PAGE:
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Protocol

Estimating the Magnitude of Illicit Cigarette Trade in Bangladesh: Protocol for a Mixed-Methods Study

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Department of Economics, University of Dhaka, Dhaka 1000, Bangladesh
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ARK Foundation, Suite C–3 & C–4, House–6, Road–109, Gulshan-2, Dhaka 1212, Bangladesh
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Usher Institute, Old Medical School, University of Edinburgh, Teviot Place, Edinburgh EH8 PAG, UK
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School of Economics, University of Cape Town, Private Bag, Rondebosch, Cape Town 7701, South Africa
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Department for Health, University of Bath, Claverton Down, Bath BA2 7AY, UK
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Centre for Public Policy Research, Ernakulam, Kerala 682020, India
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Department of Health Sciences, University of York, Heslington, York YO10 5DD, UK
*
Author to whom correspondence should be addressed.
Int. J. Environ. Res. Public Health 2020, 17(13), 4791; https://doi.org/10.3390/ijerph17134791
Received: 8 May 2020 / Revised: 26 June 2020 / Accepted: 30 June 2020 / Published: 3 July 2020
The illicit tobacco trade undermines the effectiveness of tobacco tax policies; increases the availability of cheap cigarettes, which, in turn, increases tobacco use and tobacco related deaths; and causes huge revenue losses to governments. There is limited evidence on the extent of illicit tobacco trade particularly cigarettes in Bangladesh. The paper presents the protocol for a mixed-methods study to estimate the extent of illicit cigarette trade in Bangladesh. The study will address three research questions: (a) What proportion of cigarettes sold as retail are illicit? (b) What are the common types of tax avoidance and tax evasion? (c) Can pack examination from the trash recycle market be considered as a new method to assess illicit trade in comparison to that from retailers and streets? Following an observational research method, data will be collected utilizing empty cigarette packs from three sources: (a) retailers; (b) streets; and (c) trash recycle market. In addition, a structured questionnaire will be used to collect information from retailers selling cigarettes. We will select post codes as Primary Sampling Unit (PSU) using a multi-stage random sampling technique. We will randomly select eight districts from eight divisions stratified by those with land border and non-land border; and within each district, we will randomly select ten postcodes, stratified by rural (five) and urban (five) PSU to ensure maximum geographical variation, leading to a total of eighty post codes from eight districts. The analysis will report the proportions of packs that do not comply with the study definition of illicit. Independent estimates of illicit tobacco are rare in low- and middle-income countries such as Bangladesh. Findings will inform efforts by revenue authorities and others to address the effects of illicit trade and counter tobacco industry claims. View Full-Text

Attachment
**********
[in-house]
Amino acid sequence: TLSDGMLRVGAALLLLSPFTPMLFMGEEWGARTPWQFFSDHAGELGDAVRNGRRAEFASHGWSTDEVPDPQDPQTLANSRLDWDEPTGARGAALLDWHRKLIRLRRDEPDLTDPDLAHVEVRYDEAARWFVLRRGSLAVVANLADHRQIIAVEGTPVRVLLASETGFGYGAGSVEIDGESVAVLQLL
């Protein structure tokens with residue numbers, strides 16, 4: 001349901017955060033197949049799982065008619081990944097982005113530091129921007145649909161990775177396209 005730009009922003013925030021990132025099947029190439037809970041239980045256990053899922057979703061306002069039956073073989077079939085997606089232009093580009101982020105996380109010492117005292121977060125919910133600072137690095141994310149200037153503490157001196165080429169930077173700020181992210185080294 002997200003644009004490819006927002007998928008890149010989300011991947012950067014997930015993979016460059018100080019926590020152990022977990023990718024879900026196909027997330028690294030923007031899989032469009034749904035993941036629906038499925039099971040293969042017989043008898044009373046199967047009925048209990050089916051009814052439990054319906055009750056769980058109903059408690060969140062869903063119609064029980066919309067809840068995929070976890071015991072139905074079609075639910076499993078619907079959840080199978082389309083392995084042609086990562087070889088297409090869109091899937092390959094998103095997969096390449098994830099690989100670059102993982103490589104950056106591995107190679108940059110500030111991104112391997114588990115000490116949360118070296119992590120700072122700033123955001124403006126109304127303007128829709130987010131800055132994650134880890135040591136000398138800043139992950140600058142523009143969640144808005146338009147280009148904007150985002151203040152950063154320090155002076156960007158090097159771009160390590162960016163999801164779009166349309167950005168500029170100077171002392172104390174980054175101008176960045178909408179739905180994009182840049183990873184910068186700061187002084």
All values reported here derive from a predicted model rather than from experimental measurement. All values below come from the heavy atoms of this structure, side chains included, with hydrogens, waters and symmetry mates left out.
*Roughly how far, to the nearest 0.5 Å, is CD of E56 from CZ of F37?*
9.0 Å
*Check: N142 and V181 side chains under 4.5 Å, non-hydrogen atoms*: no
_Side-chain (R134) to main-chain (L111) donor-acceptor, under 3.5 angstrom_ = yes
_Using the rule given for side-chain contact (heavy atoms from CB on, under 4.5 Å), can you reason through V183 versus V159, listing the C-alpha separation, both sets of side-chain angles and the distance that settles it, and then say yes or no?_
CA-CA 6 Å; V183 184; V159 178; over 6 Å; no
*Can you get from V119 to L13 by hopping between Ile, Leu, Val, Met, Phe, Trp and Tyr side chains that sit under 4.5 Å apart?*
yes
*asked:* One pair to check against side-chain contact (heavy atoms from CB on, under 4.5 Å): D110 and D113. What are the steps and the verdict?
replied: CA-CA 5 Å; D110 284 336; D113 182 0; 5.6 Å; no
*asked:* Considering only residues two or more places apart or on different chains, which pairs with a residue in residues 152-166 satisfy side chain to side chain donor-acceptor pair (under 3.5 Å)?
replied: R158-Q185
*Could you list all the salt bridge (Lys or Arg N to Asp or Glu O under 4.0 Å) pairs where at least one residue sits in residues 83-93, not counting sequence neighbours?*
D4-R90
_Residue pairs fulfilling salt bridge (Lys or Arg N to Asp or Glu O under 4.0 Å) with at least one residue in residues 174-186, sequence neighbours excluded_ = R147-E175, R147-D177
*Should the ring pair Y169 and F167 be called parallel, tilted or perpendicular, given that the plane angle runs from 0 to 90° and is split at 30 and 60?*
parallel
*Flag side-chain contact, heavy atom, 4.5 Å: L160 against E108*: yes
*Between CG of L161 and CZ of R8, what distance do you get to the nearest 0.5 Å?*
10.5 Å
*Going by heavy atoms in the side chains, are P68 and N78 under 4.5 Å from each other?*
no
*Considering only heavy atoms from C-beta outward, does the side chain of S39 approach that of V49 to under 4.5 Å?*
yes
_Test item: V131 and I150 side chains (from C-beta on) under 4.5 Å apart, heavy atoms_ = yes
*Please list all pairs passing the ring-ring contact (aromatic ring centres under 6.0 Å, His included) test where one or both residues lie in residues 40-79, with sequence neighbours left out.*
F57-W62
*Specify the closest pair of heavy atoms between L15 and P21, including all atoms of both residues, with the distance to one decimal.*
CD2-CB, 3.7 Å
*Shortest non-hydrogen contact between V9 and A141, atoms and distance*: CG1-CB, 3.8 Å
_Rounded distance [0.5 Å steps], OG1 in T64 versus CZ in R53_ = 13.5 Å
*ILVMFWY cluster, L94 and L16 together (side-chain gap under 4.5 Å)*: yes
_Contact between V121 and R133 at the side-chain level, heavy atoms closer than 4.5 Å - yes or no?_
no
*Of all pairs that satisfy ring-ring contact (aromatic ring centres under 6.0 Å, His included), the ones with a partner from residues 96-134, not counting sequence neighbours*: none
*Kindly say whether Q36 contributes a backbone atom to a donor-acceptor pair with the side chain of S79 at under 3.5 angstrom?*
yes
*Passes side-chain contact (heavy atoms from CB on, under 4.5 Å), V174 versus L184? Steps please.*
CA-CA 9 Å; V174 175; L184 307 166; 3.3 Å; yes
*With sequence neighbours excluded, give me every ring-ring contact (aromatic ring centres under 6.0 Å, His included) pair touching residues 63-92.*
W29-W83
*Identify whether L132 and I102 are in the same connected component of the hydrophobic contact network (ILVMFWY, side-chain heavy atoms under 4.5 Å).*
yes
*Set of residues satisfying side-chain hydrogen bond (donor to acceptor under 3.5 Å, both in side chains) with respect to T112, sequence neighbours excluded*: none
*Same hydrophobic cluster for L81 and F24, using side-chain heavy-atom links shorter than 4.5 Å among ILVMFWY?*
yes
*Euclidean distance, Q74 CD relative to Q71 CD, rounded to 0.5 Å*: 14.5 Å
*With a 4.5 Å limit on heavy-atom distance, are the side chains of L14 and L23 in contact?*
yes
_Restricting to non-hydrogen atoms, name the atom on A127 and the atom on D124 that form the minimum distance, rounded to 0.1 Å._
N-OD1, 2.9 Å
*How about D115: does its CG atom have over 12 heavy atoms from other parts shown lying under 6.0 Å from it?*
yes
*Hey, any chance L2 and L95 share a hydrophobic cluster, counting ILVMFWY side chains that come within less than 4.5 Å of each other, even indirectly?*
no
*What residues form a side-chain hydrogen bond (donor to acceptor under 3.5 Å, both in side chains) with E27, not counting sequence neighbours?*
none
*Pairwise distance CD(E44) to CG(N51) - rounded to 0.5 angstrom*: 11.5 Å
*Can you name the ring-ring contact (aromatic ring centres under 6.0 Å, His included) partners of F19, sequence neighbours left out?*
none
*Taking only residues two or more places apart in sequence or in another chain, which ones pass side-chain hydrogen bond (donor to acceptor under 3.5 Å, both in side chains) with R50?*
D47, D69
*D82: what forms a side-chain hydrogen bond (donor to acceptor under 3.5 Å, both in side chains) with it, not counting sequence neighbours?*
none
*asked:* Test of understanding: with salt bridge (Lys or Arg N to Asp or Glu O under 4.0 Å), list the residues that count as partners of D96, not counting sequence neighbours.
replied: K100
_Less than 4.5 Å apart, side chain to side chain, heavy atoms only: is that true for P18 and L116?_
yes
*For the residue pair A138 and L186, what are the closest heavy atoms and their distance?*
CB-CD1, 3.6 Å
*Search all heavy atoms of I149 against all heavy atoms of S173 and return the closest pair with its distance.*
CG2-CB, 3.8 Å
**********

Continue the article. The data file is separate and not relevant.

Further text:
Keywords: tobacco; smoking; illicit trade; low- and middle-income countries; Bangladesh tobacco; smoking; illicit trade; low- and middle-income countries; Bangladesh
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MDPI and ACS Style

Abdullah, S.M.; Huque, R.; Bauld, L.; Ross, H.; Gilmore, A.; John, R.M.; Dobbie, F.; Siddiqi, K. Estimating the Magnitude of Illicit Cigarette Trade in Bangladesh: Protocol for a Mixed-Methods Study. Int. J. Environ. Res. Public Health 2020, 17, 4791. https://doi.org/10.3390/ijerph17134791

AMA Style

Abdullah SM, Huque R, Bauld L, Ross H, Gilmore A, John RM, Dobbie F, Siddiqi K. Estimating the Magnitude of Illicit Cigarette Trade in Bangladesh: Protocol for a Mixed-Methods Study. International Journal of Environmental Research and Public Health. 2020; 17(13):4791. https://doi.org/10.3390/ijerph17134791

Chicago/Turabian Style

Abdullah, S. M., Rumana Huque, Linda Bauld, Hana Ross, Anna Gilmore, Rijo M. John, Fiona Dobbie, and Kamran Siddiqi. 2020. "Estimating the Magnitude of Illicit Cigarette Trade in Bangladesh: Protocol for a Mixed-Methods Study" International Journal of Environmental Research and Public Health 17, no. 13: 4791. https://doi.org/10.3390/ijerph17134791

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